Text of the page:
You should be back at your bash prompt. Now run these commands to verify everything is working as expected.

That’s all there is to it! Not too hard, huh? But to make things even easier, I’ve posted an example of my personal HiveRC file on my Hadoopsie GitHub repo.


That’s all for now, you awesome nerds. 🙂

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Hadoop Summit 2015 Sessions

Recordings from Hadoop Summit 2015 sessions are now available! The conference organizers have made session content readily available via the following ways:

To be clear, this content isn’t just available to conference attendees; this is freely available to anyone who’s interested in it. So take a few minutes to learn about what’s new in the Hadoop community and what the tech giants are doing with Hadoop.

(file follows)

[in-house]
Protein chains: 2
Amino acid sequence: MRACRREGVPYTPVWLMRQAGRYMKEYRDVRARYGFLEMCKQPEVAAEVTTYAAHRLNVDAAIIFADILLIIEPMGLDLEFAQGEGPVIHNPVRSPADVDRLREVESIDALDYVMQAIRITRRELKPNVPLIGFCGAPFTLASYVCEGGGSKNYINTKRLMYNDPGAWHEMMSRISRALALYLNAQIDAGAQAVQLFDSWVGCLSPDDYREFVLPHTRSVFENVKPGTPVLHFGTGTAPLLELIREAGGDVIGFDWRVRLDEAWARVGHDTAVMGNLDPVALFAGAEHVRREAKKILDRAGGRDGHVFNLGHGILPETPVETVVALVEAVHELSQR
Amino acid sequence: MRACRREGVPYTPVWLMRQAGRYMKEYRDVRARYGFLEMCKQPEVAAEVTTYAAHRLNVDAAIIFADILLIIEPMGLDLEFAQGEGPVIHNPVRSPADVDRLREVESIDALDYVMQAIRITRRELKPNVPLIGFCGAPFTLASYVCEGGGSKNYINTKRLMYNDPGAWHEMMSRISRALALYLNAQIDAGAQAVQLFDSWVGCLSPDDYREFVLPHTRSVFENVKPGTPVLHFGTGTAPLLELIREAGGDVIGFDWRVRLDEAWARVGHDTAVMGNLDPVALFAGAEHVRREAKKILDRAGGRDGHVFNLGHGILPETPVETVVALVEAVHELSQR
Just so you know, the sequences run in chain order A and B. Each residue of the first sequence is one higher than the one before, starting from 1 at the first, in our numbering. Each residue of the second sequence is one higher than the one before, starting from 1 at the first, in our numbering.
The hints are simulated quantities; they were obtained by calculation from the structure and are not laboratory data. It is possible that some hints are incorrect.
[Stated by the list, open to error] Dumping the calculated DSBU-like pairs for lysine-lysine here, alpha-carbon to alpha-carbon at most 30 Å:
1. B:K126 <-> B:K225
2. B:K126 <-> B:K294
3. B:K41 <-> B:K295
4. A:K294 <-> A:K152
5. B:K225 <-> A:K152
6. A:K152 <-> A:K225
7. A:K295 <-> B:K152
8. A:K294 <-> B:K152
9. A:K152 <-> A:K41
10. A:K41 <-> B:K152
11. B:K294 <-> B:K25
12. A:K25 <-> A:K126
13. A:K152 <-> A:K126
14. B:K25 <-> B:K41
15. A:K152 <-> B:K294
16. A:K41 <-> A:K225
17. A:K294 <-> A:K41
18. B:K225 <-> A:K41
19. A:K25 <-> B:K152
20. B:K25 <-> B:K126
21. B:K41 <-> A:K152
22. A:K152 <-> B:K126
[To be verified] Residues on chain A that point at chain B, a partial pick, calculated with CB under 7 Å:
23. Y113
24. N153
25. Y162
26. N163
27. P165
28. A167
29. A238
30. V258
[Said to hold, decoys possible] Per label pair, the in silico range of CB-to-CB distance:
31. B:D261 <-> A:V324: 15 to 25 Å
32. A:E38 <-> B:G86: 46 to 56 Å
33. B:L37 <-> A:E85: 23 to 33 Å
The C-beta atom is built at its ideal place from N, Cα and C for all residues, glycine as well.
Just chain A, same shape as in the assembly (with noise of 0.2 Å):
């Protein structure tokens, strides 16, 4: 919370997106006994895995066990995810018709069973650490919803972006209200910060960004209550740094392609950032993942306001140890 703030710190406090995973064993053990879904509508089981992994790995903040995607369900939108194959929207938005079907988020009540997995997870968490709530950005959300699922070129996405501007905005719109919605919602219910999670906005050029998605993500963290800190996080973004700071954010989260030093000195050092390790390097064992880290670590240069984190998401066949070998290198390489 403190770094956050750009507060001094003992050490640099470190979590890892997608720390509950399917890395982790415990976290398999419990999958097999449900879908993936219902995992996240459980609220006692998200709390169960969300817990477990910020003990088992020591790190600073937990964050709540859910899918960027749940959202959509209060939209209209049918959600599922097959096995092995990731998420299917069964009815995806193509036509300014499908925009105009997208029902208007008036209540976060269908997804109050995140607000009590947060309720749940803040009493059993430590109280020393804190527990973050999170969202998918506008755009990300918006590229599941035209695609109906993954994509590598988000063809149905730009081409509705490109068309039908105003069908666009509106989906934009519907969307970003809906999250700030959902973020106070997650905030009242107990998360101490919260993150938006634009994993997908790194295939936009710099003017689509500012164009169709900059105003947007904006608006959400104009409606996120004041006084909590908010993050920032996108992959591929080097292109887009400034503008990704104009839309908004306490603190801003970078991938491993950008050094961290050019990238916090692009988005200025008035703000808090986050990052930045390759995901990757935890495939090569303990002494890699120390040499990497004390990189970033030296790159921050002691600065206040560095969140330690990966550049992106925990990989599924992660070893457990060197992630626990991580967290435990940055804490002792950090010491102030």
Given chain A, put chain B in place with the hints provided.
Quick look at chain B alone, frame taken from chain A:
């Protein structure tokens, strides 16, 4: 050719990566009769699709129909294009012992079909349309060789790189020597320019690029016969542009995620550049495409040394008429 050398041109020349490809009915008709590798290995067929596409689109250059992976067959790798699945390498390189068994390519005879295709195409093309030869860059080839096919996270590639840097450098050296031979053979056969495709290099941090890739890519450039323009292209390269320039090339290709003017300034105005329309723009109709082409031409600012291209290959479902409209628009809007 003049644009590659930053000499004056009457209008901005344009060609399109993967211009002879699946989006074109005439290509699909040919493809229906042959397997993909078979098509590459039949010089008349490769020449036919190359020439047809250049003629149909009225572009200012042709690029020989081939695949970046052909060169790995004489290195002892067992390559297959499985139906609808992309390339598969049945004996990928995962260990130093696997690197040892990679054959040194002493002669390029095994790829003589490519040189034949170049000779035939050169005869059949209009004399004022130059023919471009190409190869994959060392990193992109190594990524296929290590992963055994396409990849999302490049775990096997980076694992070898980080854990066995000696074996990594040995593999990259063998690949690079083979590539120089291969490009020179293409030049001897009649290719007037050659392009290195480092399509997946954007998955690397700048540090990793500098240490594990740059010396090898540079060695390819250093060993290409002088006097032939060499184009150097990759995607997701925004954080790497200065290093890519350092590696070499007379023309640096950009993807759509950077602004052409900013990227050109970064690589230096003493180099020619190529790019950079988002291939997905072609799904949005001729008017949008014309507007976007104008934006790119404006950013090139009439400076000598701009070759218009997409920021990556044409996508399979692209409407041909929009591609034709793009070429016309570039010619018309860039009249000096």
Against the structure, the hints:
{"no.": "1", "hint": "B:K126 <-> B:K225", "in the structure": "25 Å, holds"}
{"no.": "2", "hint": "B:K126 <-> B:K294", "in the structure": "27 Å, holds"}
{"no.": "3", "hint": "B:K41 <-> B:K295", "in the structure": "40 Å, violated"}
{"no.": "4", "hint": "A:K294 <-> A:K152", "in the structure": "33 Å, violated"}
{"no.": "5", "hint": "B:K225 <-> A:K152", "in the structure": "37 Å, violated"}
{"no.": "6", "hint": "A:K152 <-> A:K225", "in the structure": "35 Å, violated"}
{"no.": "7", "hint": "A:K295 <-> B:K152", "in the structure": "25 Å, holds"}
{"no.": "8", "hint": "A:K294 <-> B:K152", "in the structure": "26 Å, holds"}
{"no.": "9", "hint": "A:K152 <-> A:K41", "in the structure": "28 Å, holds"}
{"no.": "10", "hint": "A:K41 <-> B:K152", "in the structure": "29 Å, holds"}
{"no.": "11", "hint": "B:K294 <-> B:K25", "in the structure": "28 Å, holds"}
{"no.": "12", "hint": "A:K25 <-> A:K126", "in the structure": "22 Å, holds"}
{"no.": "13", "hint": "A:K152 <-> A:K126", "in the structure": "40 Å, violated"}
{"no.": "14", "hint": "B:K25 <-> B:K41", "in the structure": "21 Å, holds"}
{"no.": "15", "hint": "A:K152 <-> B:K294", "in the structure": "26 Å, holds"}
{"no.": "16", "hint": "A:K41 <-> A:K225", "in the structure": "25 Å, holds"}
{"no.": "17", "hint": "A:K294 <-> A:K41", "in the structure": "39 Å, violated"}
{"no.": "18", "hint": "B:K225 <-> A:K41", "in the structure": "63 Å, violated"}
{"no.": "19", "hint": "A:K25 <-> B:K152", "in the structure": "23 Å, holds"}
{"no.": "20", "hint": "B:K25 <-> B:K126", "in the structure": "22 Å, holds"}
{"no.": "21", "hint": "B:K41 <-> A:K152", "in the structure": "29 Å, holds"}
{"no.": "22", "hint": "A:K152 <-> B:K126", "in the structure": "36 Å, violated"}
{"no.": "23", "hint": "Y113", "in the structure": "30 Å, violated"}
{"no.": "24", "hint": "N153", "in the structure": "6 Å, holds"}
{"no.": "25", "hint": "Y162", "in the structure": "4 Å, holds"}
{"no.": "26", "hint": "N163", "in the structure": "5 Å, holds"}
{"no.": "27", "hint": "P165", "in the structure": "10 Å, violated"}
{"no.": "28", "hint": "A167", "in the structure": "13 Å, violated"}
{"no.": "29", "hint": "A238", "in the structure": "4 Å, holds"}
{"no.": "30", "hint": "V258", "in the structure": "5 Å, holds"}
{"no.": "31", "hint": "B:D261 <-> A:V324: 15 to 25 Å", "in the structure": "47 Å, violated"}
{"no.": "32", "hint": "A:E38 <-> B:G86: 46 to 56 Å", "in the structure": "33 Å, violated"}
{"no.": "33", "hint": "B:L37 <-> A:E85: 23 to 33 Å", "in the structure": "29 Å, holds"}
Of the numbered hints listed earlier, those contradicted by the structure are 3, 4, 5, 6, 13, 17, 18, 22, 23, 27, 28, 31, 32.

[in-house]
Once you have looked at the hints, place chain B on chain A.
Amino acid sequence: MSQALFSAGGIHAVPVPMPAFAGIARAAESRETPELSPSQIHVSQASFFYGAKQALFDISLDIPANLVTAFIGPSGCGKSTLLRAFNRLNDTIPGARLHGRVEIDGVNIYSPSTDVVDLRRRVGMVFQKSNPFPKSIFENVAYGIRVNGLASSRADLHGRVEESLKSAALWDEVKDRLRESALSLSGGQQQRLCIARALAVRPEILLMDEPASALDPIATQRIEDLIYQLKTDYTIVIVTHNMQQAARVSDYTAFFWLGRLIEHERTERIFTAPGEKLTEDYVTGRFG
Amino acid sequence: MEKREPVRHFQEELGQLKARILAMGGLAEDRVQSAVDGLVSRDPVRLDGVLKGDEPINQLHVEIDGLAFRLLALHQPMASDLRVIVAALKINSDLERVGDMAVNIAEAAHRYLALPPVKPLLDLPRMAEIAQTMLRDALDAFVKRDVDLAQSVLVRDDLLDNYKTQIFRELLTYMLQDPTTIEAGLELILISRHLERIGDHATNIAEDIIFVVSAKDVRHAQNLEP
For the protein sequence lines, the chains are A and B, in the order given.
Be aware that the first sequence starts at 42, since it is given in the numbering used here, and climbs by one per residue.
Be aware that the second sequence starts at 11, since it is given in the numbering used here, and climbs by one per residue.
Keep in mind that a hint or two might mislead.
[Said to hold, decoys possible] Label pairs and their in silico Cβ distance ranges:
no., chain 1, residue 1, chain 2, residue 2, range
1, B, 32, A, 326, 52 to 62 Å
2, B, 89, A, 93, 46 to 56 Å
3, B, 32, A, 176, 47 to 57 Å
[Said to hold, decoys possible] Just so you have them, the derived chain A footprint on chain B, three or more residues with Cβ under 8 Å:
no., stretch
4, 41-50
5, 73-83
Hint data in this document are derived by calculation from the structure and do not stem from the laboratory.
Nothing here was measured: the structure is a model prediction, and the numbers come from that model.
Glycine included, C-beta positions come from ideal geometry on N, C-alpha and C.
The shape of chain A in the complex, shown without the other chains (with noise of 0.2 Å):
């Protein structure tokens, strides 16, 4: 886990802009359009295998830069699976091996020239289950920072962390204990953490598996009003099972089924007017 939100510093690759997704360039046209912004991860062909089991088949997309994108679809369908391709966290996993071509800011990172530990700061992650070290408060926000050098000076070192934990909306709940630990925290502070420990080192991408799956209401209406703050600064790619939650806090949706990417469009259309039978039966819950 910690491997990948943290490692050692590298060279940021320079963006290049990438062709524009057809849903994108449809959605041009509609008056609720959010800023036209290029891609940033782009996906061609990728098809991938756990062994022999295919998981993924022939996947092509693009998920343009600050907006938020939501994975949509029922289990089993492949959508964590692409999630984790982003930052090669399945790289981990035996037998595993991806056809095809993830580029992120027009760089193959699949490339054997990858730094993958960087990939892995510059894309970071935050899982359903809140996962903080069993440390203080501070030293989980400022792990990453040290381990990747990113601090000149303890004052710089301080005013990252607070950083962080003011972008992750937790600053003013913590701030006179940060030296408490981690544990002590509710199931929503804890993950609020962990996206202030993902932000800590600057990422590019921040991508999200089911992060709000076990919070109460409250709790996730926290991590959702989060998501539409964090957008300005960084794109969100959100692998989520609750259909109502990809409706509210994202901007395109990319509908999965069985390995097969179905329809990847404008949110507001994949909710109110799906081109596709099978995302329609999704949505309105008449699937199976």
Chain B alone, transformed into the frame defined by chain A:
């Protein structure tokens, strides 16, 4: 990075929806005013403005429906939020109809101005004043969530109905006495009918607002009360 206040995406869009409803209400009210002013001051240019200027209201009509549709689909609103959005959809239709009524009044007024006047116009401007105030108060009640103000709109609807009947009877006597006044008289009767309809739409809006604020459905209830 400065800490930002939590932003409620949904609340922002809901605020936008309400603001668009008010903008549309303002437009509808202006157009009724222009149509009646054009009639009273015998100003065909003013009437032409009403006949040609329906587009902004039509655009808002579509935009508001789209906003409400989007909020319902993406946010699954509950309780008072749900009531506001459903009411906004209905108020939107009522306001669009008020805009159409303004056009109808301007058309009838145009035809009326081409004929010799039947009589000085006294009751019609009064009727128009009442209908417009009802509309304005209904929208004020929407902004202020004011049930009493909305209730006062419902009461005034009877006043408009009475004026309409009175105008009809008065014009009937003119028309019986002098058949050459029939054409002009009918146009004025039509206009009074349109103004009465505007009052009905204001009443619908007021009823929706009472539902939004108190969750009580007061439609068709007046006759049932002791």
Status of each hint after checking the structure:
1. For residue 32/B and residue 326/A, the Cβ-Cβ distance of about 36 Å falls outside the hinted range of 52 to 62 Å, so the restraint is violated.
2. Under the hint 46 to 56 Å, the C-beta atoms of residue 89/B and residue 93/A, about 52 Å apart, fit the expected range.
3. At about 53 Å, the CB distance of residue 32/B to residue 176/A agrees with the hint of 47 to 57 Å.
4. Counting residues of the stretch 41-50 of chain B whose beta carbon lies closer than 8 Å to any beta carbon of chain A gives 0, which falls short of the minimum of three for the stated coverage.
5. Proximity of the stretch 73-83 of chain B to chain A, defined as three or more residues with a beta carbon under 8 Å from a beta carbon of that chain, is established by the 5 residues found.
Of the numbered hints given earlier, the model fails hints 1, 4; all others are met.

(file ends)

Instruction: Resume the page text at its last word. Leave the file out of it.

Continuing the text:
Shameless Plug: if you’re wondering what the frilly heck to do with all your data, check out my session on Data Warehousing in Hadoop 🙂

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My Mac Setup for Hadoop Development

I’ve recently decided to switch to a Mac. Having been such a proponent of all-things-Microsoft in the past, and having invested so much time in my dev skills using a PC, this was a pretty huge move for me. In fact, it took me a very long time to make the decision. But the more time I spent trying to figure out how to do Hadoop dev better, and faster, the more clear it became to me that switching to a Mac would help with these things. After only a few weeks, I’ve already found that many of the things that were very painful on a PC are exceedingly easy on a Mac, such as installing Hadoop locally.